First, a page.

James McNeill Whistler, ‘T. A. Nash's Greengrocer's Shop’, 1887, Christie's

Signed with the butterfly on the tab and annotated imp, a very good impression of Glasgow's fifth, final state, trimmed on the platemark (as issued), a small nick at the upper left sheet edge, tipped down onto a card mount, generally in good condition.
Plate and Sheet 177 x 123 mm.

Glasgow 298; Kennedy 263

About James McNeill Whistler

James Abbott McNeill Whistler changed the course of art history with his radical techniques and adoption of Asian design principles, which emphasized a two-dimensional flattening of painted forms and their arrangement into abstract patterns. A London-based expatriate, Whistler embraced and promoted the doctrine that art should not serve narrative, but rather project the artist’s subjective feelings through the handling of the medium. His revolutionary methods changed existing approaches to oil paint, pastel, watercolor, etching—even interior design and the decorative arts. The flat, expressive, and radically simplified forms in his Venice pastels, and his use of fluid blue and gray pigments in his abstract nocturnes, altered how his contemporaries like Édouard Manet and Edgar Degas saw and understood art. He scandalously named one of his most famous paintings Arrangement in Grey and Black, No. 1 (1871), suggesting the reduction of a portrait of his mother to an arrangement of formal elements.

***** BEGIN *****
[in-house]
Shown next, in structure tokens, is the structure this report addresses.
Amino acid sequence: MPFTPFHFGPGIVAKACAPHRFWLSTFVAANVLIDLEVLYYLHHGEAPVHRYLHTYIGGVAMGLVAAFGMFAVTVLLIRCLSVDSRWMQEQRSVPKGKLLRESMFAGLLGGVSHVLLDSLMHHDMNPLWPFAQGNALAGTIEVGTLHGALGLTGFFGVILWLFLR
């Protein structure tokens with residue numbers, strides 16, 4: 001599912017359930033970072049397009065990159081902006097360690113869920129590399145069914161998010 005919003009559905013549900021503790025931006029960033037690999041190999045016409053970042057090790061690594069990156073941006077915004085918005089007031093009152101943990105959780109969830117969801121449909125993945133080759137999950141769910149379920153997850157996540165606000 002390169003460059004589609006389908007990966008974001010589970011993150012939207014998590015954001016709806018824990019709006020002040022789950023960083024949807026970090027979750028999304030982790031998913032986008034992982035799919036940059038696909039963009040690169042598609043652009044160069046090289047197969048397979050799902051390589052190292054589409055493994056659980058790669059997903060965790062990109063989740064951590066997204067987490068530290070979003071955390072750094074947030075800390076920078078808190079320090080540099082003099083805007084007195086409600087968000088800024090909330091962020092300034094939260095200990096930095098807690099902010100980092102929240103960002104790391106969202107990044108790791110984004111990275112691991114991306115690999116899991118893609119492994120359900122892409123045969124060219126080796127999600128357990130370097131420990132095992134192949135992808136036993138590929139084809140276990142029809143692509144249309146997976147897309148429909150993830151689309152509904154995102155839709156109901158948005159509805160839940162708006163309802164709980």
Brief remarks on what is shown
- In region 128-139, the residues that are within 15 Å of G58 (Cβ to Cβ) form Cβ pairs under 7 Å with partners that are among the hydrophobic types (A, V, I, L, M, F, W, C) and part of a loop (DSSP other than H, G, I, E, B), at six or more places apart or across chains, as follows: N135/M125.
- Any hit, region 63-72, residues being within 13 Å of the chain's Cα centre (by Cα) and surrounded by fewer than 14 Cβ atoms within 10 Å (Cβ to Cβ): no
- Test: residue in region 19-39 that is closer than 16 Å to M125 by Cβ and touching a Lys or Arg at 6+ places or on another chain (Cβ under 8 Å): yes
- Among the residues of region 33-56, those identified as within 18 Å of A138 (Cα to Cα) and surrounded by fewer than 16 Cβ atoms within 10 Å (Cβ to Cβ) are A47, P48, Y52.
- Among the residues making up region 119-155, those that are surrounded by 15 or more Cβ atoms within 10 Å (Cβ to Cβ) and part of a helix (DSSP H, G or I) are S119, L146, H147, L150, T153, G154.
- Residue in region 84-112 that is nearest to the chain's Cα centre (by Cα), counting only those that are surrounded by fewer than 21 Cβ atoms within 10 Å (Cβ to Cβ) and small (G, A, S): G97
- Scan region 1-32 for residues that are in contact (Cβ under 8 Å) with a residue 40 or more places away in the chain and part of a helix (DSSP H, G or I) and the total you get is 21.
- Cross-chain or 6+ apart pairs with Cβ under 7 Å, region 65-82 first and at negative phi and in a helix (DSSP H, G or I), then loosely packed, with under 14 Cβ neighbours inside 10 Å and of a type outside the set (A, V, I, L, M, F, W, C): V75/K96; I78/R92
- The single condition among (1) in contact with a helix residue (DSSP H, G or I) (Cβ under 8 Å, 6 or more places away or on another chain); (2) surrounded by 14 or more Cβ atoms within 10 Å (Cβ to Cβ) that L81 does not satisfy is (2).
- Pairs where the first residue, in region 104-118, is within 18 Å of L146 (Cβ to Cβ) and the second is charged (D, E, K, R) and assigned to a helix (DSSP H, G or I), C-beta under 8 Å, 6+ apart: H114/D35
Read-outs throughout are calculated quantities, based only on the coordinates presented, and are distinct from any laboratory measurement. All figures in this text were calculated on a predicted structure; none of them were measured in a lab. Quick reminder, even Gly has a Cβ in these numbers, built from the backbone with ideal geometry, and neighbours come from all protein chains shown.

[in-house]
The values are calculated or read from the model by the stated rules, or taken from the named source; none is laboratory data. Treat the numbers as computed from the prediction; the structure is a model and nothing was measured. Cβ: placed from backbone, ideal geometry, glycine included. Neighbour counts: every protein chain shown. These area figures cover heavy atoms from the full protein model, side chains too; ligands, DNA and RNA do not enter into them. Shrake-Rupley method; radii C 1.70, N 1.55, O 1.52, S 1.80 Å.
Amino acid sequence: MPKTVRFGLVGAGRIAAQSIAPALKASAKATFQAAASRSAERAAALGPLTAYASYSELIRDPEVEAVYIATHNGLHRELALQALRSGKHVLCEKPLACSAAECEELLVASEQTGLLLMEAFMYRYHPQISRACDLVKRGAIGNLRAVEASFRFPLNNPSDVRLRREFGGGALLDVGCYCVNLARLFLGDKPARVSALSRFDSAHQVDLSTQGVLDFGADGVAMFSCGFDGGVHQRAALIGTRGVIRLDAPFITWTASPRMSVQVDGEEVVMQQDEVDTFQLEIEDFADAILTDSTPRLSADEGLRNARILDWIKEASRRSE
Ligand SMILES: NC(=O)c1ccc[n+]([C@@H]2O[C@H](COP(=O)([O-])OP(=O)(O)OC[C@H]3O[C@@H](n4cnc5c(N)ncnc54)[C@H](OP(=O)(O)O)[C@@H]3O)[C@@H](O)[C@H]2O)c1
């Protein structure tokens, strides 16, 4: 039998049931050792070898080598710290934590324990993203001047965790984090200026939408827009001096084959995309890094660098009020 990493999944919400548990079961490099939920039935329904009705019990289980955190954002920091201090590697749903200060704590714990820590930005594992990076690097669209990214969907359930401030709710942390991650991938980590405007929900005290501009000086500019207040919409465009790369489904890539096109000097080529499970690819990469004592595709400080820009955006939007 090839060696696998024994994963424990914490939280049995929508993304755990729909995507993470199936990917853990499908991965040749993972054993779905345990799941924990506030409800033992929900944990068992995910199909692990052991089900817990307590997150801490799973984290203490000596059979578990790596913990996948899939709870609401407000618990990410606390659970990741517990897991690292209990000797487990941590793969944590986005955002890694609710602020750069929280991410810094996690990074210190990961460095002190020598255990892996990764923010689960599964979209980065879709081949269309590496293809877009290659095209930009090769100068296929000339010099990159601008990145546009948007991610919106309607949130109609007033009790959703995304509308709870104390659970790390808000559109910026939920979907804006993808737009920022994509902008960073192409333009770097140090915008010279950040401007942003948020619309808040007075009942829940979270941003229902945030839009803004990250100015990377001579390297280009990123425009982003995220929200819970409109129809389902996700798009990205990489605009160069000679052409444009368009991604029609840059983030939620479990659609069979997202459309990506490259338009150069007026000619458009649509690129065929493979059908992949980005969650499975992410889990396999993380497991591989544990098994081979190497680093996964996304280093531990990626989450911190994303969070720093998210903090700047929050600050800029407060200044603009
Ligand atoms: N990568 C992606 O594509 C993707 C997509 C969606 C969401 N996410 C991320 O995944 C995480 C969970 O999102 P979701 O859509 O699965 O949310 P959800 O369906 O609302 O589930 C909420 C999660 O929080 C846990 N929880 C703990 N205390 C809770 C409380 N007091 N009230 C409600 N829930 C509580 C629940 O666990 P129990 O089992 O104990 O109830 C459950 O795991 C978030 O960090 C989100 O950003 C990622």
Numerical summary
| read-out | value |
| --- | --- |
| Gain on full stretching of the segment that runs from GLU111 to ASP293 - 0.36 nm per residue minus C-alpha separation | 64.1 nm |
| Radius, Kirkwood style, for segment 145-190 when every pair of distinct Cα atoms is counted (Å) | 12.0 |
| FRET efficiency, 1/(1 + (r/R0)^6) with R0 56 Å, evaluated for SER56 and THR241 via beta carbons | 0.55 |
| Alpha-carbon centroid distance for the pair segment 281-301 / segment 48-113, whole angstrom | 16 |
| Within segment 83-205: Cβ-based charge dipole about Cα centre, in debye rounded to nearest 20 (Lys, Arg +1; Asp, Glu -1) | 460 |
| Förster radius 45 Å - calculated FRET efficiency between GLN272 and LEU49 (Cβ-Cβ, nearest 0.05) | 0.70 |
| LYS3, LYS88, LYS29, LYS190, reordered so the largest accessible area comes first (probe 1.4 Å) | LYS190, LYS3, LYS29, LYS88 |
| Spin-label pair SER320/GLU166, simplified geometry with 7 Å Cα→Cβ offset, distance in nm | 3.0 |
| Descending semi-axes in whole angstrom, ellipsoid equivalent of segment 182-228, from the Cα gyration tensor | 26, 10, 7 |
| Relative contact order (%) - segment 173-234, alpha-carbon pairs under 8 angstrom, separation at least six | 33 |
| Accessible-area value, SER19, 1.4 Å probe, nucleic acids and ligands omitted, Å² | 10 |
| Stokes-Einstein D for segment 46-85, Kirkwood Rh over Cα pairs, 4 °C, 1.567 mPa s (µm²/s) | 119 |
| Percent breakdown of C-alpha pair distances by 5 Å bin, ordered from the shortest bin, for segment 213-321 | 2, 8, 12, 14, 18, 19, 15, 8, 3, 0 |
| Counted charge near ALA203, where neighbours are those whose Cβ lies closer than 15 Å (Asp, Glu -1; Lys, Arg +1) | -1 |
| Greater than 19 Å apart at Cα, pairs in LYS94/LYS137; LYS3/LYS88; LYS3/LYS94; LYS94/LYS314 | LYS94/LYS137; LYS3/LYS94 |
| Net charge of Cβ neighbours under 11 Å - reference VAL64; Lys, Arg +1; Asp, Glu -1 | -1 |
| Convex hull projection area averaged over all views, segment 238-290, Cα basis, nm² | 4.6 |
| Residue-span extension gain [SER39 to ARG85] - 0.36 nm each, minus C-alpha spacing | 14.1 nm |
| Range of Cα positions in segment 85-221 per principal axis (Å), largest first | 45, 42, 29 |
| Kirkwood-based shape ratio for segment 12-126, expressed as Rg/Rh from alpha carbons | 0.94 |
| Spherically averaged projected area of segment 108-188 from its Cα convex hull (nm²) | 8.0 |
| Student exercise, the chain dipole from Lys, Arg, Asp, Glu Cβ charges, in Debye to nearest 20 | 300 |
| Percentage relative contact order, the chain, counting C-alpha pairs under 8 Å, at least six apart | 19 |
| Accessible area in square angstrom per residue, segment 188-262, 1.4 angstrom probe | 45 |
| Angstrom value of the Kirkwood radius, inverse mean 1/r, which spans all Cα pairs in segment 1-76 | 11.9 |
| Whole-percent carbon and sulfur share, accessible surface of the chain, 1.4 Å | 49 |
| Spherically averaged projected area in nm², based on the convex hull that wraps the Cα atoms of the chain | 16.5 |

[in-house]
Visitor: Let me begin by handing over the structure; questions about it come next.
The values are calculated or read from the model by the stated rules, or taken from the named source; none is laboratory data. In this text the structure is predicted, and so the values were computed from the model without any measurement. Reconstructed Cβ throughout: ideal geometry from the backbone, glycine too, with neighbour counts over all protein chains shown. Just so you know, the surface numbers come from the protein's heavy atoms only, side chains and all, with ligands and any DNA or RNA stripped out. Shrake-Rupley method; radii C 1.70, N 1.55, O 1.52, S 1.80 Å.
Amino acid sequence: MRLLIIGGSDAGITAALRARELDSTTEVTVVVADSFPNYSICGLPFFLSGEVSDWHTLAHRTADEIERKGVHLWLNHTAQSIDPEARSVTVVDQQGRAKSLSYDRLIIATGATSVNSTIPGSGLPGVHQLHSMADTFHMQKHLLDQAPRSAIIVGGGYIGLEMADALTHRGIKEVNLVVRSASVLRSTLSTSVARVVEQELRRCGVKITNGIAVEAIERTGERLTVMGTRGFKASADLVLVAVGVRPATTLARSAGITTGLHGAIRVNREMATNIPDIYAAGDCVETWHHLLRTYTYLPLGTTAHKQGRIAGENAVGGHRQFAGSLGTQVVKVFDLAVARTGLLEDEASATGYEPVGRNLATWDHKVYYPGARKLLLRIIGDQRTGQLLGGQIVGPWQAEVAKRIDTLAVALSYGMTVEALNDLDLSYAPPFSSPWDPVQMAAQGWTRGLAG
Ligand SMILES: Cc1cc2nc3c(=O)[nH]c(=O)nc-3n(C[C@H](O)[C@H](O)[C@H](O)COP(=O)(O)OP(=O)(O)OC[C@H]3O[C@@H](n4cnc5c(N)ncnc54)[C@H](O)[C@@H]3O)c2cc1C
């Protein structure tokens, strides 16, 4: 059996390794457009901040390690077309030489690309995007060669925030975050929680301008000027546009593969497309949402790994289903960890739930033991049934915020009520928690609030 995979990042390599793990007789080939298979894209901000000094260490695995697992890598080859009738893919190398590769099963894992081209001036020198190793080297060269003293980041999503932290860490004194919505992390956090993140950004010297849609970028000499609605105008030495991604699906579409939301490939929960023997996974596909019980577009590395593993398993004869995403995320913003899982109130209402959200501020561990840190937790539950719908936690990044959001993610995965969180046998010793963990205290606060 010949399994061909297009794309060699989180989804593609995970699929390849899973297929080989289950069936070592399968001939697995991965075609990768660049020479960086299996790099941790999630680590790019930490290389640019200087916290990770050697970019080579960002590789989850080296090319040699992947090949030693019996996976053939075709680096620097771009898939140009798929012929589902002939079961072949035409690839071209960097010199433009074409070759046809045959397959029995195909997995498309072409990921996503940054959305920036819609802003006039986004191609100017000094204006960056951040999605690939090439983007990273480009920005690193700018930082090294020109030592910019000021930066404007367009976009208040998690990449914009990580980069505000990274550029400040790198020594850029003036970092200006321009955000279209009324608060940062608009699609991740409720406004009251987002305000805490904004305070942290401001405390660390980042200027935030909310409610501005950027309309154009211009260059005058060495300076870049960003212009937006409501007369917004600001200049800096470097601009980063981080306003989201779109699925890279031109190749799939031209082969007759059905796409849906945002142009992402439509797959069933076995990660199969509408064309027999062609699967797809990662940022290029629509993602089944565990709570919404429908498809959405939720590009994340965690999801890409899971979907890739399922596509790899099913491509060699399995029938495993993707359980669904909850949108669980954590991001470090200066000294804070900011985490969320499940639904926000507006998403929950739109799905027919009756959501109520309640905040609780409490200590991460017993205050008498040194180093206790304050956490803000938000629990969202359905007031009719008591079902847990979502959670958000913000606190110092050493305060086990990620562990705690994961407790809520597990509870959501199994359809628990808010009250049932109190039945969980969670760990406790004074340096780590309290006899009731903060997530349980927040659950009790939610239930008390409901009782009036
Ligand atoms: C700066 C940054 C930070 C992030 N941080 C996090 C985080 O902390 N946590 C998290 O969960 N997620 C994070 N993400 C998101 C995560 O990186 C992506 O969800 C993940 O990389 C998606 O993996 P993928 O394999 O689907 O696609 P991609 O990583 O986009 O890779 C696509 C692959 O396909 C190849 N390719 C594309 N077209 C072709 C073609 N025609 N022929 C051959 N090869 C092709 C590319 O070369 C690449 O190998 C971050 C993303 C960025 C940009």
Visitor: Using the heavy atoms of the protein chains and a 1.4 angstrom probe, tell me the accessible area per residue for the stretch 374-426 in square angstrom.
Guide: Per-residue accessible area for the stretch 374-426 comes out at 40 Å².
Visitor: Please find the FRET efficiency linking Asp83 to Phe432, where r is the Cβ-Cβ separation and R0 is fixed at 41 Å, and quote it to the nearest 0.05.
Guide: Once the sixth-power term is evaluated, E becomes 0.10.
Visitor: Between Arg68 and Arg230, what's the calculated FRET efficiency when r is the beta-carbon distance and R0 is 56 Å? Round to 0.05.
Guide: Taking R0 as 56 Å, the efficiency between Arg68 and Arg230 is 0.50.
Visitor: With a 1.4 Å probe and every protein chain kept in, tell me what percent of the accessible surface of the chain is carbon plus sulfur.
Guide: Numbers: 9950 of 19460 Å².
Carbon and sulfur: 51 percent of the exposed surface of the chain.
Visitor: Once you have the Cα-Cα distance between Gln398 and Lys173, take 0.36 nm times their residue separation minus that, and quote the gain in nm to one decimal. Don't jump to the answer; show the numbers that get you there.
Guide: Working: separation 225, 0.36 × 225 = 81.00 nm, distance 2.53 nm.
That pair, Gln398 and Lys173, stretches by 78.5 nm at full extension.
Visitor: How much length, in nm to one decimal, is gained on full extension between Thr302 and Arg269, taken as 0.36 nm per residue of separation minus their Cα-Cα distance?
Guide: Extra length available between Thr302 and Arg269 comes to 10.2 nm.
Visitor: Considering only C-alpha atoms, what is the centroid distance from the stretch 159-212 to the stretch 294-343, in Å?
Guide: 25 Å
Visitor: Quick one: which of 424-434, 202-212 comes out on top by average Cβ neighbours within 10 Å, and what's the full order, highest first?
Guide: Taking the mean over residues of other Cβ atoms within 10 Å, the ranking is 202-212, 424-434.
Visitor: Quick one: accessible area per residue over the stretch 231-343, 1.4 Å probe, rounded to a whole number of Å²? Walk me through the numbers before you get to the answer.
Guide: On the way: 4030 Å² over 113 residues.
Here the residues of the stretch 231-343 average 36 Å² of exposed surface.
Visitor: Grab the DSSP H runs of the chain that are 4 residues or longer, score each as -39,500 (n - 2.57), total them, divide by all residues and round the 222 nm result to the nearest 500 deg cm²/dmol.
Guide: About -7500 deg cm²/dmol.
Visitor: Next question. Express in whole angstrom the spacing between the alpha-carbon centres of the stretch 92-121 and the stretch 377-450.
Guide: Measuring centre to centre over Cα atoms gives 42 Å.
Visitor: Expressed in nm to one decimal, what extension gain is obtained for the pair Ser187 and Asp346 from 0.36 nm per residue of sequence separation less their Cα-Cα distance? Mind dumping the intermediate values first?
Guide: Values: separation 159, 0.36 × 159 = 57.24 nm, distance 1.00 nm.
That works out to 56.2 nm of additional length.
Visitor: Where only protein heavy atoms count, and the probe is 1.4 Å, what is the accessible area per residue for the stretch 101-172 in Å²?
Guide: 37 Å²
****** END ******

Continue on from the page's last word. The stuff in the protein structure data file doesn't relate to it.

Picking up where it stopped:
American, 1834-1903, Lowell, MA, United States, based in London, United Kingdom

Exhibition Highlights

2015
Waterville,
Whistler and the World: The Lunder Collection of James McNeill Whistler
2014
Washington,
An American in London: Whistler and the Thames